by Mel cross posted from her blog When Cows and Kids Collide
Finally, at long last, Debi graces us with actual tips on how to live with a Prophet/Visionary man.
“If you marry a Visionary Man, learn to enjoy the trip, for if he ever makes a better light bulb, he will want you to be the one who turns it on for the first time in public. It will be your face he looks into to see the marvel of what a great thing he has done. You are his most important fan. When you know your man really needs you, you can be happy with just about anything.”
Start taking acting classes, ladies! Remember, you need to look enthusiastic even if the invention/idea is absolutely awful. If you keep acting long enough, you might even believe it yourself!
“Prophet/Visionary Man will not notice what he eats, so don’t be offended when he doesn’t seem to appreciate your fine cooking. ”
Sweet! I read this as an explicit permission from Debi to order pizza regularly.
“What he does appreciate is your interest in his present project – not your opinion or even your input – just the light in your eyes as you listen to him tell his newest wild idea.”
Um. So wives just need to sit there and look glowingly at EVERY idea…. got it.
“Prophet/Visionary Man will talk and talk and talk to his honey if she approves of him. He will be subjective, thinking about feelings, moods and spiritual insights. One of his greatest needs will be for his wife to think objectively (proven truth) and use common sense, which will help keep his feet from flying too far from the solid ground. “
Now, when I think of Visionary/Prophet men, I think of guys like Hal from Malcolm in the Middle. Hal is a genuinely nice, kind husband and father who has some totally insane ideas. His wife, Lois, lets him go crazy on ideas that are harmless and stops ideas that will bankrupt the family. Debi should watch a few episodes of Malcolm in the Middle to learn a different way of dealing with her husband.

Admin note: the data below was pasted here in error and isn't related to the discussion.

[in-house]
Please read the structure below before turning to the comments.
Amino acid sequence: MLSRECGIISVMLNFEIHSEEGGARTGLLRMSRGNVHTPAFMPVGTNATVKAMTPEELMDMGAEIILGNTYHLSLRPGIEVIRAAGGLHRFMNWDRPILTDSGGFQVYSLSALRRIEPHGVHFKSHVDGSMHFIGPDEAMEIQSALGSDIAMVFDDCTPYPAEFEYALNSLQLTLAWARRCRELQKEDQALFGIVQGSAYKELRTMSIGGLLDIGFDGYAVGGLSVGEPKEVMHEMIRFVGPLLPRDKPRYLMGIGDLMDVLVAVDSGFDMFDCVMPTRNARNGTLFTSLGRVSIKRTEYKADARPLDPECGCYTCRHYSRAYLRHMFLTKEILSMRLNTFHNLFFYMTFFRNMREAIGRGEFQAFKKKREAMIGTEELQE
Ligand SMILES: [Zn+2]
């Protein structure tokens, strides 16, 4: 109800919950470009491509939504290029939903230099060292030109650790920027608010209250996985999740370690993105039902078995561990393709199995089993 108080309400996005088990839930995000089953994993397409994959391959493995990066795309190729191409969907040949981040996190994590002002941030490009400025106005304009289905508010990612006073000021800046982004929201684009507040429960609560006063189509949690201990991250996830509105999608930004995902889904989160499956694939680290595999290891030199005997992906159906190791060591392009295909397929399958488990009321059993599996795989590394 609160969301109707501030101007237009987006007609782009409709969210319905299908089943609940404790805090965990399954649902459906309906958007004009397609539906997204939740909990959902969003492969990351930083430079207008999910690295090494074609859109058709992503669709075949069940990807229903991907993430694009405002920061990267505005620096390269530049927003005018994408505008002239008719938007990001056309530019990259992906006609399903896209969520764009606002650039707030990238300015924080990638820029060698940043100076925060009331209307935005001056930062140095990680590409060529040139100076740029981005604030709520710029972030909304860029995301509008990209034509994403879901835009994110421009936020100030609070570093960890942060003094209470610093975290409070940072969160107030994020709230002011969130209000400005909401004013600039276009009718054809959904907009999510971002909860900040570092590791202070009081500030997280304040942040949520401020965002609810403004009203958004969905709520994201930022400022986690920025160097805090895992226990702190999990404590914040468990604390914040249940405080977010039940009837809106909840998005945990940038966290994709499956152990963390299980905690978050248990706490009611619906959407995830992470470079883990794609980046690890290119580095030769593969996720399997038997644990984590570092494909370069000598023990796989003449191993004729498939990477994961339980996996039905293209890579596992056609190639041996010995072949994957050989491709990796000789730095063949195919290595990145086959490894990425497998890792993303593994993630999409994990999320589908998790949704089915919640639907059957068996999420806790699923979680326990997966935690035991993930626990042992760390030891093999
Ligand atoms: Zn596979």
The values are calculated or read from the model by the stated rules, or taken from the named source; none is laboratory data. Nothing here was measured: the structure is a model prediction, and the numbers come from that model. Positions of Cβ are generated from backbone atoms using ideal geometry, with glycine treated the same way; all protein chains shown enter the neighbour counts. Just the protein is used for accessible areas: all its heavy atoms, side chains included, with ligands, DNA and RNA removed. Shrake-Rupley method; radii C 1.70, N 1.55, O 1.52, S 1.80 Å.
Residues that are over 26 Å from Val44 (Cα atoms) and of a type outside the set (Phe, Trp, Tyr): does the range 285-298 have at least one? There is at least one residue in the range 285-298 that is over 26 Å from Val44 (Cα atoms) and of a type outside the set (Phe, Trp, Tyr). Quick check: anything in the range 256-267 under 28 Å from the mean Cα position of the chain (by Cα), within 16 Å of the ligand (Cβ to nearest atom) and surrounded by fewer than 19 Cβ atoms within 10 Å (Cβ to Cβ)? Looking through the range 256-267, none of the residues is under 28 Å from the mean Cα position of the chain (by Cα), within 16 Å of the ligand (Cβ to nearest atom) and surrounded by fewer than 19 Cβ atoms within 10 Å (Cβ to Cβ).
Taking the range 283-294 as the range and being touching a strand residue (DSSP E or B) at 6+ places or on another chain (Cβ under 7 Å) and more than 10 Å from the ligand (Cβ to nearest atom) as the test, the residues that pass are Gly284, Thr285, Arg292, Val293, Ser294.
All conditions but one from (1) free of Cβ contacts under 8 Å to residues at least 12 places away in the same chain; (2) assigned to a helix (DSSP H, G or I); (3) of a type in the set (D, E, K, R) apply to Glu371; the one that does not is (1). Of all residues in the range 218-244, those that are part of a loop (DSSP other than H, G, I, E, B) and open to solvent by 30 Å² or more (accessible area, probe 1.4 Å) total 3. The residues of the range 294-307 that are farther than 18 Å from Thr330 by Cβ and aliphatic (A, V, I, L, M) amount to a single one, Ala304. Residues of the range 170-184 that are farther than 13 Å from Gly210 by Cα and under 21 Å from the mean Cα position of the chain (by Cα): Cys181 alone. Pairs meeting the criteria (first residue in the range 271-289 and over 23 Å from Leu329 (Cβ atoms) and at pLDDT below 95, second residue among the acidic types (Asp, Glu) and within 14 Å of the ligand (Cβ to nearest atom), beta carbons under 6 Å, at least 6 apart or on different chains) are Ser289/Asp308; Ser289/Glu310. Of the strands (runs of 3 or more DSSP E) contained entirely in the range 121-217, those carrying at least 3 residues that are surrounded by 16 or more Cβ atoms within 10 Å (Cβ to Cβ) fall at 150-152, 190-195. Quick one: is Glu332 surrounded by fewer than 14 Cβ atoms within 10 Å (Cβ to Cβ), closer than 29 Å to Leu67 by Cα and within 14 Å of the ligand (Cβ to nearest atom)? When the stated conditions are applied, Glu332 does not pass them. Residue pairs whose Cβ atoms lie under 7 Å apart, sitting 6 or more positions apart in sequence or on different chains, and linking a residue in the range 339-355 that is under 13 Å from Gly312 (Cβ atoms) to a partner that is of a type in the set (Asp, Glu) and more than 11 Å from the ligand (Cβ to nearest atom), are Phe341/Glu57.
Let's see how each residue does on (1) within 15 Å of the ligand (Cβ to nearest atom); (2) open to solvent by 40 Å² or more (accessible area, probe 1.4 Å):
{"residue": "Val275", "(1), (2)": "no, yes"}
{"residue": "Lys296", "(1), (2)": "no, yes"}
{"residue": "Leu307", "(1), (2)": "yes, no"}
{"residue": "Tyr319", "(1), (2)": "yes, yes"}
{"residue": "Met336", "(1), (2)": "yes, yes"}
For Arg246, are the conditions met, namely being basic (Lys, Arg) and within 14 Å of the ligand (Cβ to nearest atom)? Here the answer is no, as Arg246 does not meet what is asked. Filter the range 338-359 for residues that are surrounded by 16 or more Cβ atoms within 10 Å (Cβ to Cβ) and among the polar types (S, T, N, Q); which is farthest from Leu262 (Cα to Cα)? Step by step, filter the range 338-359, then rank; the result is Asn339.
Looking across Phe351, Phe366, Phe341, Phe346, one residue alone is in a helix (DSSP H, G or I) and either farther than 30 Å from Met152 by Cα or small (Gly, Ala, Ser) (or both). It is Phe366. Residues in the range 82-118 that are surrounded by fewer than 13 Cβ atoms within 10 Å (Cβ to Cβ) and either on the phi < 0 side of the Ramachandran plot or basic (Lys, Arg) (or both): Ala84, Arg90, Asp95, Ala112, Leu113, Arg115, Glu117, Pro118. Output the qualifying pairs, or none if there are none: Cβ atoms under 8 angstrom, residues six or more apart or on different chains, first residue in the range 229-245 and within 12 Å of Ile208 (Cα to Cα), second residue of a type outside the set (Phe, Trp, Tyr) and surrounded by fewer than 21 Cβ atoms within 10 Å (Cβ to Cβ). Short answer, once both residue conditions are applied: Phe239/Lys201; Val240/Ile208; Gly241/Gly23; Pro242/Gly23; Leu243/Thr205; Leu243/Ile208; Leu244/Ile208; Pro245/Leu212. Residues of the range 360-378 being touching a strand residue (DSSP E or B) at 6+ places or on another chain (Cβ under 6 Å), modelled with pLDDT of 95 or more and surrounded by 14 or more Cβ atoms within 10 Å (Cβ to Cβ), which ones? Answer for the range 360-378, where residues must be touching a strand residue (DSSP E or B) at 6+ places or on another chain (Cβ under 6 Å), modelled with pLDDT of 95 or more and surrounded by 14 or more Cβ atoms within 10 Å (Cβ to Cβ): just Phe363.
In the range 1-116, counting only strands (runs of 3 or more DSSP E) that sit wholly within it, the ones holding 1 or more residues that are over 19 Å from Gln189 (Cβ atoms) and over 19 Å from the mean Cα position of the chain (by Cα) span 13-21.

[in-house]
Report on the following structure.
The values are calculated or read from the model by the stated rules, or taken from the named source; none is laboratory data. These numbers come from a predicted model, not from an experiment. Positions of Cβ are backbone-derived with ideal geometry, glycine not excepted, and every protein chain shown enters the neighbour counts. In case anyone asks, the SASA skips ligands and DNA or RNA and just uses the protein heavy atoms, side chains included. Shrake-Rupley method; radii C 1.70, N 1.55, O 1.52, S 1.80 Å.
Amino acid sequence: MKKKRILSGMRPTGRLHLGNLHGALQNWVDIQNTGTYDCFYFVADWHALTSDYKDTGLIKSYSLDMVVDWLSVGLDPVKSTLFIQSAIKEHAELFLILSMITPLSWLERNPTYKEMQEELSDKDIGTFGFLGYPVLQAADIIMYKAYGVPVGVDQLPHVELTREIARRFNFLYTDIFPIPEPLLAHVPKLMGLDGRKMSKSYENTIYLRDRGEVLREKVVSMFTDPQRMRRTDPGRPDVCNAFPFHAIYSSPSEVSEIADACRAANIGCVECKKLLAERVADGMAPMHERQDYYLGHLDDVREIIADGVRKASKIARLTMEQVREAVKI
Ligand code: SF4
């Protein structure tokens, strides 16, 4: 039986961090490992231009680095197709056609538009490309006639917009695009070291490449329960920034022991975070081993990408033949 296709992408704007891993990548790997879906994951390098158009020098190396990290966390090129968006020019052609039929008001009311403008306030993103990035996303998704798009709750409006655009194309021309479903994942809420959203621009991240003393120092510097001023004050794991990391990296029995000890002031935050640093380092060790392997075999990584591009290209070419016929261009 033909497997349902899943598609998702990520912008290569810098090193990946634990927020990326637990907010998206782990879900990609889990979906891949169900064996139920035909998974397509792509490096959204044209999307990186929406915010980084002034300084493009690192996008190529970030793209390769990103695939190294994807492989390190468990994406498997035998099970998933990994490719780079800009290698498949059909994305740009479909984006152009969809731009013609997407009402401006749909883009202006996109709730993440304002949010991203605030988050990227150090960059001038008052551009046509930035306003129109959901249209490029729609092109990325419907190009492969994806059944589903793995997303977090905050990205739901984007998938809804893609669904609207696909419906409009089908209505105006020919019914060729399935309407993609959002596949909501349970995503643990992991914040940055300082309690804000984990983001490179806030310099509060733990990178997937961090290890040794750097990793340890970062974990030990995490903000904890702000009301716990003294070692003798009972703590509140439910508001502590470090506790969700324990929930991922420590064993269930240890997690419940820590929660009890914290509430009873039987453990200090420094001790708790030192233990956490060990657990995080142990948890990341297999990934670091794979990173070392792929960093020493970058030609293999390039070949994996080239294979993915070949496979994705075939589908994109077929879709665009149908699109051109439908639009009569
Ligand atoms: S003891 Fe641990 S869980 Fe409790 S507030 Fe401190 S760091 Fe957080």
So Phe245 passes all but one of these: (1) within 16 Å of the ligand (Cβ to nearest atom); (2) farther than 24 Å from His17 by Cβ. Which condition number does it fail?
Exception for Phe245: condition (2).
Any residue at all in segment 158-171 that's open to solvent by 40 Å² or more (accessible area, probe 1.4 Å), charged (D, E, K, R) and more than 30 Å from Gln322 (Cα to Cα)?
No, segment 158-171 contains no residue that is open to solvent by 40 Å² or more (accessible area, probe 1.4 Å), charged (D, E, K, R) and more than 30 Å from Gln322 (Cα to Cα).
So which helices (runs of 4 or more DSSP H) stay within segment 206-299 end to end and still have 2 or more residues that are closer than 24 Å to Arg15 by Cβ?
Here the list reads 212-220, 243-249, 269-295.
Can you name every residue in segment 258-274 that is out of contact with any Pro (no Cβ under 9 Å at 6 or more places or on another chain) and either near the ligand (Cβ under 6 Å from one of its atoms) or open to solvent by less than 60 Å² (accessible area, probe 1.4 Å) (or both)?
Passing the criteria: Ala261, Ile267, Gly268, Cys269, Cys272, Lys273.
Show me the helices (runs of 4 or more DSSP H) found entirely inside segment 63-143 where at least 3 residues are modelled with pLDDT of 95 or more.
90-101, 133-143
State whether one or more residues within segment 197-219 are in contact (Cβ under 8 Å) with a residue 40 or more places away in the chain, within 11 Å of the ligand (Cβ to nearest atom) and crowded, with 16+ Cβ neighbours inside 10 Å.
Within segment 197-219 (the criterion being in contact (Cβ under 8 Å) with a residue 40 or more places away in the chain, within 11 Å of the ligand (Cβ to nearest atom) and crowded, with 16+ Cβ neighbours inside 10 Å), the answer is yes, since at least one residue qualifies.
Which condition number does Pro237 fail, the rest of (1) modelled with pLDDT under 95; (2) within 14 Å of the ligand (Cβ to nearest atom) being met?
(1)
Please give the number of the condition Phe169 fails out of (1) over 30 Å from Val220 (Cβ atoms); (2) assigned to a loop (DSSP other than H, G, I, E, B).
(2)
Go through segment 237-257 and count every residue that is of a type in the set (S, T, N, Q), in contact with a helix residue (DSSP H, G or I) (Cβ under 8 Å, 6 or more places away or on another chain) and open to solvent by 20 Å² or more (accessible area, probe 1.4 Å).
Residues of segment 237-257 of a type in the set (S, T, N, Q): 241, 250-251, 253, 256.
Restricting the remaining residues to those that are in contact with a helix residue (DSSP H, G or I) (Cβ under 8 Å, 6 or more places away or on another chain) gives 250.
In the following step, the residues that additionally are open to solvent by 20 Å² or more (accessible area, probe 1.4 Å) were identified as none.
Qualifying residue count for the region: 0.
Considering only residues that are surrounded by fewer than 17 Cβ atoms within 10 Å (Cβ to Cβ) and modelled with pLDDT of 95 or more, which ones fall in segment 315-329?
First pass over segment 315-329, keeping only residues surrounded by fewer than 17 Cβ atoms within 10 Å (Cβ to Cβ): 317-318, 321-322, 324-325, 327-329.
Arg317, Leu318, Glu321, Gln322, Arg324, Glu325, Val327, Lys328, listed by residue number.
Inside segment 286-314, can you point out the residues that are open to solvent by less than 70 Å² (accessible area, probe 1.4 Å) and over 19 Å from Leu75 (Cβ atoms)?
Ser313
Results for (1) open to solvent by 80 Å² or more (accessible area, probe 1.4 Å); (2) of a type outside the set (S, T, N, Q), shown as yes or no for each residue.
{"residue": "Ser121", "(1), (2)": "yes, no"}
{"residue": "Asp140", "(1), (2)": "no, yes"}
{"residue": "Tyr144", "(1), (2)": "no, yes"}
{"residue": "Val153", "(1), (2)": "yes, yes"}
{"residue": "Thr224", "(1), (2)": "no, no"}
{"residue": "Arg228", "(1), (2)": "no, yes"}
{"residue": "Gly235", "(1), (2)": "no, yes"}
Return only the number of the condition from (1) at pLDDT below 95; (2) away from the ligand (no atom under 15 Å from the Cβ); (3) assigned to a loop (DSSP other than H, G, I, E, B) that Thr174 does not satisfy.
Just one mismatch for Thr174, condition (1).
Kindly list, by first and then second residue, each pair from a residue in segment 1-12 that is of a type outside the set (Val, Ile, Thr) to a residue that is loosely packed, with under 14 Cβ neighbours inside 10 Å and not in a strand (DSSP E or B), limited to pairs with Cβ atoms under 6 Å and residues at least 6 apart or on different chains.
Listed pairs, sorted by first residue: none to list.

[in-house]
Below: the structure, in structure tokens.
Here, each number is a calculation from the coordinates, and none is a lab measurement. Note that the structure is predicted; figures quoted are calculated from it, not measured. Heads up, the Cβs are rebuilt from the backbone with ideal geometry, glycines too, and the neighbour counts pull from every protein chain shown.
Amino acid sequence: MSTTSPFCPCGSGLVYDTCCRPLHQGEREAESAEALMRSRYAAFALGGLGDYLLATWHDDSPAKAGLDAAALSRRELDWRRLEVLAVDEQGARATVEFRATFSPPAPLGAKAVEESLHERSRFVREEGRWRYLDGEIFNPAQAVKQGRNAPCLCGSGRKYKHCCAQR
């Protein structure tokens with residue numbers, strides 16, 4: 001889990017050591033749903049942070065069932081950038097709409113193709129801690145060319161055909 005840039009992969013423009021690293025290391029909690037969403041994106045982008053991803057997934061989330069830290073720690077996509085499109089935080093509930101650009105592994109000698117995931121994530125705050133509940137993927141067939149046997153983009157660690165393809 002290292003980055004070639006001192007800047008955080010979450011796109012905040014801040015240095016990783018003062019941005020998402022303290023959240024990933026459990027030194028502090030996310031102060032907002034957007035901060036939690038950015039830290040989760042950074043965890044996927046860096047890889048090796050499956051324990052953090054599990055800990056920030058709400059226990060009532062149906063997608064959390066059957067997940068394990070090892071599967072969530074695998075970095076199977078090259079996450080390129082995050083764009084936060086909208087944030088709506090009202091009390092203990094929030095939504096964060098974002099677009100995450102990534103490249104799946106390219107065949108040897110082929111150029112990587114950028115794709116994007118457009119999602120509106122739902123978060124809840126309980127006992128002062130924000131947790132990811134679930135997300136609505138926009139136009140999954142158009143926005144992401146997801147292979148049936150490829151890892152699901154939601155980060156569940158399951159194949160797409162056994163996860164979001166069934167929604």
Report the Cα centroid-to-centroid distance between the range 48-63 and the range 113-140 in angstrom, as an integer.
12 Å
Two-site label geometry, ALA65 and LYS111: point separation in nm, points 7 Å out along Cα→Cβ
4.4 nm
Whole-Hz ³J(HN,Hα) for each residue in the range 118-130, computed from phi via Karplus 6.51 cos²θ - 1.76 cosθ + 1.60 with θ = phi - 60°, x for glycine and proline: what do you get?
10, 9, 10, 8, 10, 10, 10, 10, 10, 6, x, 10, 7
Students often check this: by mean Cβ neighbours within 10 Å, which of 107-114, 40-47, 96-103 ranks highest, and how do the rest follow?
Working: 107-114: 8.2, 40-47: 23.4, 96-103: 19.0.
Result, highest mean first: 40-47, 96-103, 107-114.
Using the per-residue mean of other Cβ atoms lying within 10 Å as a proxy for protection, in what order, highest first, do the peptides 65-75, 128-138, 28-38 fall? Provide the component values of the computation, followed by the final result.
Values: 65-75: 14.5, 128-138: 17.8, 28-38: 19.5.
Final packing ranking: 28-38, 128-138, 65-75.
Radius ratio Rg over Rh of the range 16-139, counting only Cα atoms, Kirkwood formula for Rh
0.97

“Every small issue will become mind-consuming, and he will need his wife to casually talk about the big picture and the possible end results of relationships, finances, or health if he continues to totally focus on his present interest. His sweetheart needs to stay in a positive state of mind, yet not jump into his make-believe world, trying to be too much of a cheerleader on dead-end issues. Let him burn out on things that are not wise, but don’t throw water on his fire. Let him find his own balance through bumping into hard realities.”
Wow. That is really vague and contradictory advice. Debi’s advice is:
- Tiptoe around major issues that the Prophet’s current obsession might bring up.
- Be a cheerleader but not too much of a cheerleader. (After all, he doesn’t want your input or opinion…just unquestioning fawning.)
- Let him make mistakes – even huge ones – but don’t let him get discouraged.
- Have an honest conversation about probable outcomes of a potential scheme.
- Show excitement if you are really excited. Don’t fake it; that’s insulting to yourself and your spouse.
- If you have concerns, bring up the concerns and expect your spouse to listen thoughtfully to those issues.